Emperor and Galilean
'Emperor and Galilean' was written by Henrik Ibsen. It is one of that famous playwright's lesser known works and this is the first English version produced. That alone provides some incentive to see it as the opportunity may not come along again anytime in the foreseeable future. But, at three and a half hours long, some may find it challenging.
Essentially, 'Emperor and Galilean' is about a time of transition in the Roman Empire. The Emperor Constantius is Christian and has secured his position by butchering the family of his nephew, Julian. The Emperor keeps Julian almost under house arrest, but finally let's him go to Athens to study. Already doubting his Christianity, Julian is gradually attracted to paganism abetted by a mystic called Maximus who conjures-up spirits to deliver cryptic messages to Julian. Later, Julian is made Caesar of the western empire, but when his wife is poisoned, his troops persuade him to challenge the Emperor for supremacy. But Constantius dies before they can face each other in battle and Julian becomes Emperor, subsequently brushing aside Christianity and reverting to paganism.
Jonathan Kent's production is on an epic scale. A cast of 50 or so provide the soldiers, courtiers and priests who form the backdrop to the main action. Scenes change rapidly thanks to the use of the Olivier's drum revolve which delivers sets to the stage in a trice. Video projections add both movement and modern references in the form of fighter jets.
On stage for almost the entire performance, Andrew Scott bravely takes on the exhausting leading role. His Julian is a troubled man who, initially at least, lives only at the whim of his paranoid Emperor uncle. Even when we first meet him, Julian tells us that "God has left me" and he is subjected to dreams and "ideas creeping through the windows". Andrew Scott ably defines a man who is tortured by philosophical questions and has to finally make a choice between being Emperor or Galilean. He's ably supported by the large cast, and particularly Nabil Shaban as the sinister Constantius, and Ian McDiarmid as the mysterious and influential mystic, Maximus.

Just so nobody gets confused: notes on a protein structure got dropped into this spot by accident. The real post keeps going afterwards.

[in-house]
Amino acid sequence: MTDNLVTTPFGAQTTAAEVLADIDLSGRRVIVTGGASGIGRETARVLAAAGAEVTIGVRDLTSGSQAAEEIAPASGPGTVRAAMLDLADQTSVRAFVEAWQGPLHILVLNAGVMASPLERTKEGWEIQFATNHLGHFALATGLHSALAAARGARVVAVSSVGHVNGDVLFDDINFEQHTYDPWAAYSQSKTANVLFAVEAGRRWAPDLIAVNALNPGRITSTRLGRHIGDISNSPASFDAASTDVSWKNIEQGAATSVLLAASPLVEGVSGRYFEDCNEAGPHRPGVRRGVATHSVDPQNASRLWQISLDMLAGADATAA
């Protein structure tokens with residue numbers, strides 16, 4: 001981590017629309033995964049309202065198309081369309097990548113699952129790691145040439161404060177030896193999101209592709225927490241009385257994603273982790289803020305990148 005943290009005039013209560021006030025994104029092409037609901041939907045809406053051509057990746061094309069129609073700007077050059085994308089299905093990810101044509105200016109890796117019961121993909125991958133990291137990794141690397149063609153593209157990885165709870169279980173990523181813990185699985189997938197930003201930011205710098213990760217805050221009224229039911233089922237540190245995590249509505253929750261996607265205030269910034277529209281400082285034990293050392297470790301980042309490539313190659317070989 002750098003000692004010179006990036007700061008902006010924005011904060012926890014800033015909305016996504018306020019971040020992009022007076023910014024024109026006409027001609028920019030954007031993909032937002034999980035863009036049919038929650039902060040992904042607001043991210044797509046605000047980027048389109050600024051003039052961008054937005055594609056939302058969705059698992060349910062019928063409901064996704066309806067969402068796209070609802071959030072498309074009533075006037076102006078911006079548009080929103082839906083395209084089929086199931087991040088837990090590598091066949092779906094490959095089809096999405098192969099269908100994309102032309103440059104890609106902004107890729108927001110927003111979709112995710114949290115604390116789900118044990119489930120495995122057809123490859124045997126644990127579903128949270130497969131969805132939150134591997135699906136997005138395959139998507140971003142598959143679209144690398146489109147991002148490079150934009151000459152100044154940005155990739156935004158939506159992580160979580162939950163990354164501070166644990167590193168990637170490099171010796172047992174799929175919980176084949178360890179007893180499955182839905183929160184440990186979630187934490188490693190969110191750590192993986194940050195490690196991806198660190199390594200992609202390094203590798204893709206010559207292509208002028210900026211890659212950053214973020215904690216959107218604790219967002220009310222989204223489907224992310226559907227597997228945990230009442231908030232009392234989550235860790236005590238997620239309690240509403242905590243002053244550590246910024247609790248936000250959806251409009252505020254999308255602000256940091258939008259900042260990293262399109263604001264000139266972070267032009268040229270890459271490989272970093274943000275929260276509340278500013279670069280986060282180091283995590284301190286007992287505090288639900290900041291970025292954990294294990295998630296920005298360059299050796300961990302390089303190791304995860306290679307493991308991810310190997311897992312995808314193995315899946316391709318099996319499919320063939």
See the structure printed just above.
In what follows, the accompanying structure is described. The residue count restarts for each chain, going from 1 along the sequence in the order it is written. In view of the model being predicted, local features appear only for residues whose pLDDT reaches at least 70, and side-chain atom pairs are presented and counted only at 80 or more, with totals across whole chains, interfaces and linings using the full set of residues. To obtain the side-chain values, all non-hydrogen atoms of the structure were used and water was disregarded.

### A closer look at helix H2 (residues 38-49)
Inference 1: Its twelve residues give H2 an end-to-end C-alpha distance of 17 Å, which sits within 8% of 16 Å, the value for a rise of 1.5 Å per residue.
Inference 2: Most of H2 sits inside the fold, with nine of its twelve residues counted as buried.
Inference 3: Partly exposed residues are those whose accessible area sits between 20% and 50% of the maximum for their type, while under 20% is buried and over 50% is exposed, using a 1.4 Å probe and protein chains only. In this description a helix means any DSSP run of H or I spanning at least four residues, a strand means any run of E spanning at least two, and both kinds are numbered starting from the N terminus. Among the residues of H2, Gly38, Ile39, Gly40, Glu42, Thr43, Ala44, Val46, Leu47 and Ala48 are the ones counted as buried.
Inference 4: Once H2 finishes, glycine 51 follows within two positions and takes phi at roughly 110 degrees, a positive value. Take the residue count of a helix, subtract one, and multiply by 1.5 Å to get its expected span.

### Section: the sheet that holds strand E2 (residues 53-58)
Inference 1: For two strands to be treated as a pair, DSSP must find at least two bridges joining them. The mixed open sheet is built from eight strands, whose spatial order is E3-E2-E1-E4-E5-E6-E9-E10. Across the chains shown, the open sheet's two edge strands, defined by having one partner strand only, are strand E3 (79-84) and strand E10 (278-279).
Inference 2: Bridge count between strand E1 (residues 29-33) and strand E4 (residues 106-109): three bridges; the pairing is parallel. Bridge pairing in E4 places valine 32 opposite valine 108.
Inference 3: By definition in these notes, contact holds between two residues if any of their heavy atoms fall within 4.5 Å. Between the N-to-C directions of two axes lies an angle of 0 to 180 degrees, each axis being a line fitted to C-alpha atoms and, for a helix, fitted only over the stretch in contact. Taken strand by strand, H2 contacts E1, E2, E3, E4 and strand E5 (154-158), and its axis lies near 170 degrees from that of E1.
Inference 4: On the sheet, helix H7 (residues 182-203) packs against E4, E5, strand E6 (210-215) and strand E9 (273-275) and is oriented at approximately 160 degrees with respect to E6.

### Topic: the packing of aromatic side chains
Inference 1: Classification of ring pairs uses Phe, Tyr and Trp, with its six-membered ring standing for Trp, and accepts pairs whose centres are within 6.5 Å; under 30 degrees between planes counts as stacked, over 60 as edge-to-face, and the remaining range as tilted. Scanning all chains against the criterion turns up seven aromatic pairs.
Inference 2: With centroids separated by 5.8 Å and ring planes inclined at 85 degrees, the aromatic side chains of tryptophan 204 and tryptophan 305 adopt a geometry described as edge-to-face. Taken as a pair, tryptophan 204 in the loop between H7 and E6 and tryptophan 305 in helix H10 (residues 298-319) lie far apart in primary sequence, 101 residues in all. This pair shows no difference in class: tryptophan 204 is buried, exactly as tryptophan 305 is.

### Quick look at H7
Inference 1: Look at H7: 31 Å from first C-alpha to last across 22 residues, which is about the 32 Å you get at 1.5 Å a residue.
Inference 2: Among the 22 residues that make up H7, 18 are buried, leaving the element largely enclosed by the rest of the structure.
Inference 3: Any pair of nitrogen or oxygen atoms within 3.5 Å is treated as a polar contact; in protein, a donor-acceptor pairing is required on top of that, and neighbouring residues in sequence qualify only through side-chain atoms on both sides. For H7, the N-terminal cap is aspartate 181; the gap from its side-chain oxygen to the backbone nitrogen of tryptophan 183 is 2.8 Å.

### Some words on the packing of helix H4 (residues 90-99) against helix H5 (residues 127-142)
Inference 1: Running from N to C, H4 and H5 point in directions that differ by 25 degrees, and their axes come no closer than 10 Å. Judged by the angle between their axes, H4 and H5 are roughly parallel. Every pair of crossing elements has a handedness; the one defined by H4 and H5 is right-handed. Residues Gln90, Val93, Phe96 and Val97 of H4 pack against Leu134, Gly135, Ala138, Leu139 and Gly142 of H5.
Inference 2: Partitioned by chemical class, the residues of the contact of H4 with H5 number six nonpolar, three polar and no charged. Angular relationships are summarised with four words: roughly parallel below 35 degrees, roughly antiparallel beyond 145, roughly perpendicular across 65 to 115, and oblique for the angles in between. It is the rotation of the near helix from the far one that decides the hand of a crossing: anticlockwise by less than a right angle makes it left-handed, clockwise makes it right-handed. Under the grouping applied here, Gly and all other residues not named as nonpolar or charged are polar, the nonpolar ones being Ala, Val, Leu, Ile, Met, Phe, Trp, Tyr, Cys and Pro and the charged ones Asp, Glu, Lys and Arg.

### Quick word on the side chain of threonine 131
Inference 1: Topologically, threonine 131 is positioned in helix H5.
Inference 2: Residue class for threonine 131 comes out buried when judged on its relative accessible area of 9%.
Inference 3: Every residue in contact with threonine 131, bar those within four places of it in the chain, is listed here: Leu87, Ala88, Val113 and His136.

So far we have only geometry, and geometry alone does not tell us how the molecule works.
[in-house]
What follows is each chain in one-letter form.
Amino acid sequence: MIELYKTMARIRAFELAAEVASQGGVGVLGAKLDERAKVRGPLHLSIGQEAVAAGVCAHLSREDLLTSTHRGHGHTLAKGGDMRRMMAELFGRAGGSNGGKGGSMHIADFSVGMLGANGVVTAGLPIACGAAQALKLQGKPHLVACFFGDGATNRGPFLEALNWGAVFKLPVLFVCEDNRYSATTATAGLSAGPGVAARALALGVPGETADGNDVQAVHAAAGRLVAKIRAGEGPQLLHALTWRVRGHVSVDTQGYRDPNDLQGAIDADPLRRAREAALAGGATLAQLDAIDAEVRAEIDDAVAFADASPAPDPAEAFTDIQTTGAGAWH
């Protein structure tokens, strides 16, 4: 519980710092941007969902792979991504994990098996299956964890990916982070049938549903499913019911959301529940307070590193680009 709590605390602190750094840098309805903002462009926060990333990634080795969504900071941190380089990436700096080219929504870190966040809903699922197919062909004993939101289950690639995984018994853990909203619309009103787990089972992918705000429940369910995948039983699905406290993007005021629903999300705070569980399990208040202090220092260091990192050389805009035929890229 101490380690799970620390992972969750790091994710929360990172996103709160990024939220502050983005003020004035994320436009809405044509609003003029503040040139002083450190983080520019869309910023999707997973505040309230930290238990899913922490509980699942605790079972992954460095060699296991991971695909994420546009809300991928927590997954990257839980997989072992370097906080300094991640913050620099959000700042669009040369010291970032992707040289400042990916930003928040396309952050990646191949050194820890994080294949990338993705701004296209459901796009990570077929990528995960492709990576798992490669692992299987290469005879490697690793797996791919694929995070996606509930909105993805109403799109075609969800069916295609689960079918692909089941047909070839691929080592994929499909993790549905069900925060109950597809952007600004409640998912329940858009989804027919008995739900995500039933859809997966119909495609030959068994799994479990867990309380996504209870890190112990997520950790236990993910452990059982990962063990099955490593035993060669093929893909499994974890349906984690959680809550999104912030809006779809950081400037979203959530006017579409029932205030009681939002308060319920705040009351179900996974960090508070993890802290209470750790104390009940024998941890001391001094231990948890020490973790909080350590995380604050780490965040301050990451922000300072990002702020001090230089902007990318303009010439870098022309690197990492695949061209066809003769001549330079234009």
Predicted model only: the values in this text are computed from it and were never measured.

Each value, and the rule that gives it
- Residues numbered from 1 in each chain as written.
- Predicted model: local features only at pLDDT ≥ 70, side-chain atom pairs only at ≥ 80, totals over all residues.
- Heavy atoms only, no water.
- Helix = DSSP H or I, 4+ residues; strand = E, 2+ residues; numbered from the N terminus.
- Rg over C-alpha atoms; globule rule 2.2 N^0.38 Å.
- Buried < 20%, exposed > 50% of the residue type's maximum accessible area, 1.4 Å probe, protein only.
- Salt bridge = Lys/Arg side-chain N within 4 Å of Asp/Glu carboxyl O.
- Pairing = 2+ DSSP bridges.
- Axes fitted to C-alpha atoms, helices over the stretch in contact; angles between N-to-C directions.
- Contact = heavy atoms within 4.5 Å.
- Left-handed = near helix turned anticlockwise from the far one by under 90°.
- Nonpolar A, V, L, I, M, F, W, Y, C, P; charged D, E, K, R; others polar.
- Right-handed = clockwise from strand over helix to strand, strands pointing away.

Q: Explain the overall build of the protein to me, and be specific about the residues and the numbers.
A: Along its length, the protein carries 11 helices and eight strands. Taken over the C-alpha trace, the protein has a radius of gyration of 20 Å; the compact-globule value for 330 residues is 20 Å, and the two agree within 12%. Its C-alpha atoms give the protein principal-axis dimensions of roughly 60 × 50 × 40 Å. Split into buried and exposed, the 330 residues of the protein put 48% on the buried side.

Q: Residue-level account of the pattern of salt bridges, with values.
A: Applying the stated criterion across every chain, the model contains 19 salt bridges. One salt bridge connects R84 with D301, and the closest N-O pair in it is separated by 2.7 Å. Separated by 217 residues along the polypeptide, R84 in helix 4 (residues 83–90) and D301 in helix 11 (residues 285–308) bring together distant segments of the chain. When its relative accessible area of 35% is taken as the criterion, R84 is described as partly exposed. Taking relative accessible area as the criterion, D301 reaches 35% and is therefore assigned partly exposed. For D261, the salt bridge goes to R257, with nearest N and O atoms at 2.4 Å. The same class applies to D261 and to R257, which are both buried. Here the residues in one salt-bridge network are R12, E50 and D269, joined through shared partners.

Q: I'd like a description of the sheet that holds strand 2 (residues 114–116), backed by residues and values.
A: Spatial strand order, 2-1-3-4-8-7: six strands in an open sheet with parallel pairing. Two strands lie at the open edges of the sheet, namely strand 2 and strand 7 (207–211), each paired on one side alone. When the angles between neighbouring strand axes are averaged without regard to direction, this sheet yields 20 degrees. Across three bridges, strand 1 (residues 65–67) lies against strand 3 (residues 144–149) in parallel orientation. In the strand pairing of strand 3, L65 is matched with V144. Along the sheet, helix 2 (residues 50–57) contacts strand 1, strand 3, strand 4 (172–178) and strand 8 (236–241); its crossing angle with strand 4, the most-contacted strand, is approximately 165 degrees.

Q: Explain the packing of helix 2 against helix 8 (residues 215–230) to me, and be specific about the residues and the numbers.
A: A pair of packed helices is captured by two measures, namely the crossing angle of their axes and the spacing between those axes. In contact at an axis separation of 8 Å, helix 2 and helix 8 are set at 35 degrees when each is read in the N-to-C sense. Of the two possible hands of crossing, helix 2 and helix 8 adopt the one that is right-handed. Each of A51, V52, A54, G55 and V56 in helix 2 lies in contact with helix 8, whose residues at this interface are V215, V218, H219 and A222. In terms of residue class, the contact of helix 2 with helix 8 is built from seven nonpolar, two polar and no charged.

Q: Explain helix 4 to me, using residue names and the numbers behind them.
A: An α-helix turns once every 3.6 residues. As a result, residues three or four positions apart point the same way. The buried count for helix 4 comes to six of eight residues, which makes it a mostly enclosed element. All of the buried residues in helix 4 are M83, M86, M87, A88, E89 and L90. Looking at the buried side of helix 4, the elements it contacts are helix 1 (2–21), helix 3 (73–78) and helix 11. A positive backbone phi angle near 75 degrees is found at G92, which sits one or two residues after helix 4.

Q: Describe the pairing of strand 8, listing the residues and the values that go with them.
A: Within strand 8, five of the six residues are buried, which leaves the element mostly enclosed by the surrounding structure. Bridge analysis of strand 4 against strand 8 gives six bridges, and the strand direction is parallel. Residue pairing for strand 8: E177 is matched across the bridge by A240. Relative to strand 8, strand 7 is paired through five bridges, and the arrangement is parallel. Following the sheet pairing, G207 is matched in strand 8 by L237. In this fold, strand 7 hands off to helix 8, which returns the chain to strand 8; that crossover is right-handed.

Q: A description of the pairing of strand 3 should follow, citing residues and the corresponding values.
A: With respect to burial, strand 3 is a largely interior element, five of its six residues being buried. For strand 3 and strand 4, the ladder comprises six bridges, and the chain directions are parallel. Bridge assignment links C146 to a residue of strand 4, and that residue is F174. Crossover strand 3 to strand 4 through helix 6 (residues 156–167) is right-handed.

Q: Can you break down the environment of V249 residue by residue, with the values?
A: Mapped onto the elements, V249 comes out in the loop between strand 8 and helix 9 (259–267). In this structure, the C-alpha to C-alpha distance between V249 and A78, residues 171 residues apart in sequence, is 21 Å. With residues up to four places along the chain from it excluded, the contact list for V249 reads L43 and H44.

Ben Power is the person responsible for adapting Ibsen's monumental work. Even having reduced it to something like a third of the original, some members of the audience felt unable to cope with the second half. That's not particularly surprising, but I didn't find that the play dragged or became tedious. The first half of almost 2 hours passes briskly and, since the second half is shorter, the balance seems to make it manageable. But it won't suit everyone, I'm sure, because there is a lot to take in, and much of it is focused on rather wordy philosophical discussions.
Ibsen's original took about a decade to write. His longest play and what he regarded as his 'major work', it was finally completed in 1873. Apparently, 'Emperor and Galilean' was one of Hitler's favourite plays which may not be exactly the best recommendation. But it is a work by a very important playwright, even if it is not his best play. It also covers an important period of history which doesn't always get the attention and prominence it deserves. And Jonathan Kent's impressive production endeavours to turn a rather dry play into something accessible and interesting, and in many respects succeeds. All good reasons to take a chance and give it a try.
"Oh Lord, please make it stop, I heard myself muttering during the long and punishing course of Ibsen's Emperor and Galilean...despite everything the director Jonathan Kent can throw at it in the way of lavish designs and an epic cast, the piece proves an almost unendurable bore."
Charles Spencer for The Daily Telegraph
"Even though Ibsen's Faustian world-historical play may be several degrees short of a masterpiece, it is still an experience I wouldn't have missed."
Michael Billington for The Guardian
"Ben Power's modern adaptation of this epic drama is a strident distillation, triumphantly directed by Jonathan Kent."
Patrick Marmion for The Daily Mail
"There is plenty more to admire in this production...Fans of Ibsen hardly need telling that they should see this epic drama...But it's not easy to recommend this exacting spectacle to a wider audience."
Henry Hitchings for The Evening Standard
"I am glad to have seen this play, but rather less glad to have spent three and a half hours seeing it."
Ian Shuttleworth for The Financial Times
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